National Apple Museum
Biglerville, PA 17307
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Early History
of the
Apple Industry
in Adams County

 A is for apple

Frost Control

 frost control Frost control is important because apple blossoms are very sensitive to freezing temperatures. Cold weather can kill apple buds. No buds; no apples.

Orchard heaters were introduced to the Yakima Valley in the early 1900s. These earliest heaters - called smudge pots - were simply metal containers filled with fuel and ignited. Common fuels were heavy oils, such as diesel. Old rubber tires were sometimes used, often filled with sawdust. The burning smudge pots gave off oily smoke that could be seen as a dark fog blanketing the valley. On cold days school children were instructed to wash their faces, hands, and collars. The smoke left a residue on anything that was outside, including children on their way to school.

Influenced by a growing national concern for the environment, the Yakima County Commissioners banned the burning of heavy oils in open containers with passage of a crop heating ordinance on December 15, 1965. Growers had a five-year grace period to find a better way to combat frost. This need, combined with rising fuel prices, was a call for new technological innovation. More efficient heaters are now used. These have a "return stack" which recirculates smoke and vapors back into the heater.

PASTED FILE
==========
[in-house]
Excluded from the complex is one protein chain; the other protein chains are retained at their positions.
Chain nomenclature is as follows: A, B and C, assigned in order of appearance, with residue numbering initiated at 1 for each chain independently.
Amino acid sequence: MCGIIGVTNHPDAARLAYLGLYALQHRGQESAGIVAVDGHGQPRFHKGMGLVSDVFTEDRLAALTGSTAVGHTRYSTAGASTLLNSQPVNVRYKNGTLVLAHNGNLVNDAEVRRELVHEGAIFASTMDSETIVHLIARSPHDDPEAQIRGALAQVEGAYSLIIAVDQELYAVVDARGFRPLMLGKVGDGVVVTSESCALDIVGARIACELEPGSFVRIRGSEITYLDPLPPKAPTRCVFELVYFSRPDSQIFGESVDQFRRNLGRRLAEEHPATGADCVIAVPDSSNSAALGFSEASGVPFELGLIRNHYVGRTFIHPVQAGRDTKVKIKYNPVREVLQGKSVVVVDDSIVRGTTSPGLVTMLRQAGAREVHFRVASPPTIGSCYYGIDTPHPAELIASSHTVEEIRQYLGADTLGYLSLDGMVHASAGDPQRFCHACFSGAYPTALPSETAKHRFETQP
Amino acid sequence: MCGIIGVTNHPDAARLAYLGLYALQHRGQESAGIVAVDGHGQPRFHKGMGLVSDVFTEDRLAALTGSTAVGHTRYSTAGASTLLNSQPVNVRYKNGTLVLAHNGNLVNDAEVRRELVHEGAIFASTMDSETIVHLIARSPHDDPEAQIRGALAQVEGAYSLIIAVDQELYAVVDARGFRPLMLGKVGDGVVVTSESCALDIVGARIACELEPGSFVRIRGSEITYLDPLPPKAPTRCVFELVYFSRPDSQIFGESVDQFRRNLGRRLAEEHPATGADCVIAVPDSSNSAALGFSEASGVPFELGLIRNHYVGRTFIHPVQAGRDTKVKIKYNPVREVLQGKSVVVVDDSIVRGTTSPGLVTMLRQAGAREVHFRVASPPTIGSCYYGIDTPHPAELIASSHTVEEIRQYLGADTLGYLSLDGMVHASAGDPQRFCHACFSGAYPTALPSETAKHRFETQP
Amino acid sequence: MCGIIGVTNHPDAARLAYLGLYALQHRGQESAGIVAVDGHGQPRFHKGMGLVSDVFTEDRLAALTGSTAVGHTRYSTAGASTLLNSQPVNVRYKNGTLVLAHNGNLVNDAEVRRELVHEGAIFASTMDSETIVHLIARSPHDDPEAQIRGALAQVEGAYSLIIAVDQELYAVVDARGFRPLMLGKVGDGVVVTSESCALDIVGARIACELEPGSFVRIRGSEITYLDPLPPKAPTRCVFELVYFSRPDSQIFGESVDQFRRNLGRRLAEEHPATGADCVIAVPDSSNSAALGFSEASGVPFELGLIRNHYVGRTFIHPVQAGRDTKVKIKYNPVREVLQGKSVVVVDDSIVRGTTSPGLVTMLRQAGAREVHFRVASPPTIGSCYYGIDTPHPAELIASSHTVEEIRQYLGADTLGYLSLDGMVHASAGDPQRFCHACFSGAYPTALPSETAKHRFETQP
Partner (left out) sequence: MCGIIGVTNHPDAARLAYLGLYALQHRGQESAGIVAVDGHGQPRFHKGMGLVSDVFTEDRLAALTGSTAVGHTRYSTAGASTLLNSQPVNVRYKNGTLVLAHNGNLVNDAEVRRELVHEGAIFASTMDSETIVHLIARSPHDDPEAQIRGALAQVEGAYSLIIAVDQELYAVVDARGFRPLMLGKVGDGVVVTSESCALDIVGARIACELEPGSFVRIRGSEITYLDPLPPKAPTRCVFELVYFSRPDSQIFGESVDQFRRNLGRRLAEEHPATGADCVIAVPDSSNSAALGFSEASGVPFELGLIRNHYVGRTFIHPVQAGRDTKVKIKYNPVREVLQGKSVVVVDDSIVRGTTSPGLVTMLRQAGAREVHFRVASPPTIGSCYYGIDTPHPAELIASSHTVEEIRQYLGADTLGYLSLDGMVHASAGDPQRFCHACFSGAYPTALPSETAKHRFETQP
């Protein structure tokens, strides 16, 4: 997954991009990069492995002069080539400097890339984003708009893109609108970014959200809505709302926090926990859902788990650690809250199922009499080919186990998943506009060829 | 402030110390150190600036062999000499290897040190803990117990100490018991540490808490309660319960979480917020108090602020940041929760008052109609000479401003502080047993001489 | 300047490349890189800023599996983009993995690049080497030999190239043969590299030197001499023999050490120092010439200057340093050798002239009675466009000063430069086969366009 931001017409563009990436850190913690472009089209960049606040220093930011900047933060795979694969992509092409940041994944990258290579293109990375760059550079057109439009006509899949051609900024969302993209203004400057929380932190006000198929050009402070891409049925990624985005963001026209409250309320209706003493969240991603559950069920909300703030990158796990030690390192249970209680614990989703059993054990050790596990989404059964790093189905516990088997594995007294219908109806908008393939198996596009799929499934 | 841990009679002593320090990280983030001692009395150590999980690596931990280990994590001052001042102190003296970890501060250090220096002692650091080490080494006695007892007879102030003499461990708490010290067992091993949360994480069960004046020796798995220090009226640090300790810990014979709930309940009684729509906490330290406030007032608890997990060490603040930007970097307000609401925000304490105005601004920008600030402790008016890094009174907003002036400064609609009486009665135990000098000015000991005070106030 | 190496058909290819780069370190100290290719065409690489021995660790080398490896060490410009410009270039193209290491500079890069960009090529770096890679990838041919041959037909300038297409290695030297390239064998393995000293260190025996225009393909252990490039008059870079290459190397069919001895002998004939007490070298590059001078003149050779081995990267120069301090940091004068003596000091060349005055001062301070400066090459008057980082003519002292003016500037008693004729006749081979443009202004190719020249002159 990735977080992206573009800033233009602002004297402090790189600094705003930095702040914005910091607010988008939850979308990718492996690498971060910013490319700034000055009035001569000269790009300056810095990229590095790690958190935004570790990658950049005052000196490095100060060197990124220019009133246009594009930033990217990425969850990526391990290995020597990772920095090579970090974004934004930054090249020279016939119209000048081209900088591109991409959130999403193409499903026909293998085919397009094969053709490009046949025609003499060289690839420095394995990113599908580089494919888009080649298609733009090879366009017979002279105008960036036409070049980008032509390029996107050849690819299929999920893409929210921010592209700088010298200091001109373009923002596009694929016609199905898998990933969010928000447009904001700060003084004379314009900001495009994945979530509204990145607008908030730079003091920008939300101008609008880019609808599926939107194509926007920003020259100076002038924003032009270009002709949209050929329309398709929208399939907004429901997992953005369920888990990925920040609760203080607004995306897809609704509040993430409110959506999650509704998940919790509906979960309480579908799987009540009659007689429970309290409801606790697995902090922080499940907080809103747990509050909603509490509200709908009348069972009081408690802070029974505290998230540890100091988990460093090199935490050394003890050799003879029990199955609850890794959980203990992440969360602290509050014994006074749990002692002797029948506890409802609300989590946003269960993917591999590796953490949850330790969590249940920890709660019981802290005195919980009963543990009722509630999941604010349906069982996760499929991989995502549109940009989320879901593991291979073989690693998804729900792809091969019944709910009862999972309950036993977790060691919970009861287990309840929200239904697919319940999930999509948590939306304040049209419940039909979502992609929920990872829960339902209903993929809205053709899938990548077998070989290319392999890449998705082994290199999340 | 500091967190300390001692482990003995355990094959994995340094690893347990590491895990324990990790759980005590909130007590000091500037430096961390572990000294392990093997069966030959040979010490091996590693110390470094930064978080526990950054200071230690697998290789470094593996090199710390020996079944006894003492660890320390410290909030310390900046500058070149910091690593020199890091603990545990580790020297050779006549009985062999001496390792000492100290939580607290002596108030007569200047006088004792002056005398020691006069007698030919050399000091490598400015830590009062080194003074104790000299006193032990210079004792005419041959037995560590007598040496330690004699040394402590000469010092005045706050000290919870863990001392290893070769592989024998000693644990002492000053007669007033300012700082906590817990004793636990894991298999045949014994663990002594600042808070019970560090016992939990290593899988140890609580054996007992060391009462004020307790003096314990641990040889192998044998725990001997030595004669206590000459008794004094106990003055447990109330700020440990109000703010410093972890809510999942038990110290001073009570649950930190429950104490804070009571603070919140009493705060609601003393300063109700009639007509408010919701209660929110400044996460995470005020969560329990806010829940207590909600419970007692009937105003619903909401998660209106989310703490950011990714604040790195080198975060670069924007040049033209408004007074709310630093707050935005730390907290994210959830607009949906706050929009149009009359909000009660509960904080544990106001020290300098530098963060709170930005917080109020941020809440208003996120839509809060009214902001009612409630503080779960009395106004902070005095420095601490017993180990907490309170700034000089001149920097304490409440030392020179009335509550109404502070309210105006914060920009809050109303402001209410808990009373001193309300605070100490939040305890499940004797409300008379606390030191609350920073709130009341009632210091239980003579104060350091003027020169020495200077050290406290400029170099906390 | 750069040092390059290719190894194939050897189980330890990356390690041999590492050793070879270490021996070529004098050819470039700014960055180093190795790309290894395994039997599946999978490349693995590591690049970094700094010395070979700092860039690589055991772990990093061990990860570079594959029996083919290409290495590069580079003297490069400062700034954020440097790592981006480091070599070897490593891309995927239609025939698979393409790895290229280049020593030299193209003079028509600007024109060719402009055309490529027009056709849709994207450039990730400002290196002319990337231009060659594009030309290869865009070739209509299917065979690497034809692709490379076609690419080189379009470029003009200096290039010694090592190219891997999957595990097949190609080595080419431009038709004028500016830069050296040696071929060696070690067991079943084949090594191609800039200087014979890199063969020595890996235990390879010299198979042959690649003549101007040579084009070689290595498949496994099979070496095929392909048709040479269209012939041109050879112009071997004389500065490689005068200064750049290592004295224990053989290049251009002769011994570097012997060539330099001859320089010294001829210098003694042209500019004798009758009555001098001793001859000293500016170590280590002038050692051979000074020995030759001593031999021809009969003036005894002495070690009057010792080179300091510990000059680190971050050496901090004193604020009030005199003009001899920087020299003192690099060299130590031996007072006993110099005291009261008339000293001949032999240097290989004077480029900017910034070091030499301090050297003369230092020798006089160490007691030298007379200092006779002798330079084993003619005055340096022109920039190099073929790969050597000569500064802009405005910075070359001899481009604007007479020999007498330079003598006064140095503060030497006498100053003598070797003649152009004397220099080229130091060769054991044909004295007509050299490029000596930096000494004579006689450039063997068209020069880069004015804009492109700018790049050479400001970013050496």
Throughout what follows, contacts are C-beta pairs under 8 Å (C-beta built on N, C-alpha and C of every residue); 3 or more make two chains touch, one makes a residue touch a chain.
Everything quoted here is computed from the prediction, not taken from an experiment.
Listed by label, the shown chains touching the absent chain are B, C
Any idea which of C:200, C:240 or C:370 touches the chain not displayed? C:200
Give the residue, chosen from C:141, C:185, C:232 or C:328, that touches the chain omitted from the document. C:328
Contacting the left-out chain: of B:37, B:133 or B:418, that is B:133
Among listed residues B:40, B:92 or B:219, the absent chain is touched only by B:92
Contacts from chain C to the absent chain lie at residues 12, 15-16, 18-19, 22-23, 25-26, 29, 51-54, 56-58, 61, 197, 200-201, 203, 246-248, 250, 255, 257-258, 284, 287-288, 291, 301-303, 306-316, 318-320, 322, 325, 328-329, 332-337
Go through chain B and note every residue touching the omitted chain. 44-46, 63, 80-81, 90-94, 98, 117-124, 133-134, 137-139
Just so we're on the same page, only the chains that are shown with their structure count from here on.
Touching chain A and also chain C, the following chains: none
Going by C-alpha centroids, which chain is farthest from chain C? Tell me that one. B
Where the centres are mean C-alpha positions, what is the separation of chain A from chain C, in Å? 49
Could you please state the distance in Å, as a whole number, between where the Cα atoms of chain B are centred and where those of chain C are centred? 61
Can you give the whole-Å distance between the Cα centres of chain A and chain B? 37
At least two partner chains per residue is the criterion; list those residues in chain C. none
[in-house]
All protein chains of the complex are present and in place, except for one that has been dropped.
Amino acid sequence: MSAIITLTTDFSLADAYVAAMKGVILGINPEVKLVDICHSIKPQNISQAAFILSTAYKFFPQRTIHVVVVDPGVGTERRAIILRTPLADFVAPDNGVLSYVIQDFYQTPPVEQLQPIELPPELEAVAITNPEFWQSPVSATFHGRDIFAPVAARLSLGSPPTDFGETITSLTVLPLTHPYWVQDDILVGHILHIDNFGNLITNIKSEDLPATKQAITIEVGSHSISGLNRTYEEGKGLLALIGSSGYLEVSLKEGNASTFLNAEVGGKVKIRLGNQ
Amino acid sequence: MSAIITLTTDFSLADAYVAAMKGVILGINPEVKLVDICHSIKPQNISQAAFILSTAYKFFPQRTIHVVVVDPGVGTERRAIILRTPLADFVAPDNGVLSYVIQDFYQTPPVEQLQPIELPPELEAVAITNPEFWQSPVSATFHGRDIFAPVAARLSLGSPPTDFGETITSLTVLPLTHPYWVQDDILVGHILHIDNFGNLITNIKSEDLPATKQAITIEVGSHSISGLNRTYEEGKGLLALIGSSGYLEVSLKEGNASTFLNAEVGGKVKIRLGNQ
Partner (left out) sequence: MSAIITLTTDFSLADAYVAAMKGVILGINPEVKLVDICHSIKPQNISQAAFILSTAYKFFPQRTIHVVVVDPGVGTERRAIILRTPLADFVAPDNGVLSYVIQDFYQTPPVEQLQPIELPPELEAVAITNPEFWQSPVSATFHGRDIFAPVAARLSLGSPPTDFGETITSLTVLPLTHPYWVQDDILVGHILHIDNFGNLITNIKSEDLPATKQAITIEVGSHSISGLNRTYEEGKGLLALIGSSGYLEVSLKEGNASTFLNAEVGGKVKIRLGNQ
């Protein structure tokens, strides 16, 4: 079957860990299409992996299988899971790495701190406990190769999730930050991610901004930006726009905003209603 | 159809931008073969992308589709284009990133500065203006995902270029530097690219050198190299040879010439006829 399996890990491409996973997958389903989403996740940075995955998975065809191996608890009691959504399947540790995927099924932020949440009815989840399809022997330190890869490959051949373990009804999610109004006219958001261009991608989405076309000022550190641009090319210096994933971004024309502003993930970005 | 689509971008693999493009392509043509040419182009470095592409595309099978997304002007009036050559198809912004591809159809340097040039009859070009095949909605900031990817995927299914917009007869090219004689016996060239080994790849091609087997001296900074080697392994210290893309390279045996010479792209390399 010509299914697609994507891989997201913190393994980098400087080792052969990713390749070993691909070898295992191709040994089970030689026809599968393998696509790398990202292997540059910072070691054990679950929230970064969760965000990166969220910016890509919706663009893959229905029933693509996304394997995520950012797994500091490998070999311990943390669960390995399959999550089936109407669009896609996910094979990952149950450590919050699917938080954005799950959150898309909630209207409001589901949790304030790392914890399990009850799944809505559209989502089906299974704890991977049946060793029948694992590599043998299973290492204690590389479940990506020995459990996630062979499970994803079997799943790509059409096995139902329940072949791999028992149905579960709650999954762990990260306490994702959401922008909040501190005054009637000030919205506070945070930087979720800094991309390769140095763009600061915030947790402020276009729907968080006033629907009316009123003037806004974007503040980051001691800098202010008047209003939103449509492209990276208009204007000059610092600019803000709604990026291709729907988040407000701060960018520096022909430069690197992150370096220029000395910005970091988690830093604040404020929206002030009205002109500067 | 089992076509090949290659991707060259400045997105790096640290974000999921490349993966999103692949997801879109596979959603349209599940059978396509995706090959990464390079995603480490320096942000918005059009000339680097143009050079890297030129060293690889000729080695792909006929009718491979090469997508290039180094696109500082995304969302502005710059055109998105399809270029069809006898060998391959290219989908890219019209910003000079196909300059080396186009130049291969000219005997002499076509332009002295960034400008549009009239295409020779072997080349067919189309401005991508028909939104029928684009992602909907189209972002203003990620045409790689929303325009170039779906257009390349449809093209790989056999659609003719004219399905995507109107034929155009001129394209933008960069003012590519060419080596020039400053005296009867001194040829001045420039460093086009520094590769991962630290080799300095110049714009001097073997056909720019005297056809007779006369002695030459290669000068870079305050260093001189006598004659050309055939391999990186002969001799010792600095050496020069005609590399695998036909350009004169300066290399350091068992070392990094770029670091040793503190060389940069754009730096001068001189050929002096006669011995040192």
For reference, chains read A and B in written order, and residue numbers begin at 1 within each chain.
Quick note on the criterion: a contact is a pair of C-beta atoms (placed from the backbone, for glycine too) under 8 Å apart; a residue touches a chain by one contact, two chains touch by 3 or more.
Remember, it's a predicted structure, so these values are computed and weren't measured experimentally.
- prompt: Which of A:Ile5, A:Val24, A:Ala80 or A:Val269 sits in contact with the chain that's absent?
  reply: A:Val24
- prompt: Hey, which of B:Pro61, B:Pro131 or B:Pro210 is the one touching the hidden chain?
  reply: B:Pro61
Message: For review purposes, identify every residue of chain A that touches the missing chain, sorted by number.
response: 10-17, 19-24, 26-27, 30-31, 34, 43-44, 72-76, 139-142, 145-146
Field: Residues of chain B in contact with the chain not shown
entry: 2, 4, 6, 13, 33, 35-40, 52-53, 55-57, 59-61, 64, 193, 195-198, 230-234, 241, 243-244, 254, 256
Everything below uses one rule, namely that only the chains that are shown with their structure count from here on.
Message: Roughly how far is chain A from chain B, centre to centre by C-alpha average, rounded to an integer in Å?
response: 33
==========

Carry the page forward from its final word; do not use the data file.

Overhead and undertree sprinklers are also used in cold weather to encase young blossoms in a coat of ice. As the water freezes on the blossom, heat is given off, protecting the fragile bloom from the deadly cold.

Another innovation to combat cold is the wind machine. Mounted on 30' columns, these giant fans mix the warm air above the orchard with the cooler air close to the ground. This raises the temperature around the apple trees.

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The Biglerville Historical and Preservation Society
and The National Apple Museum
154 West Hanover Street - P.O. Box 656
Biglerville, PA 17307-9442 - Telephone: 717-677-4556

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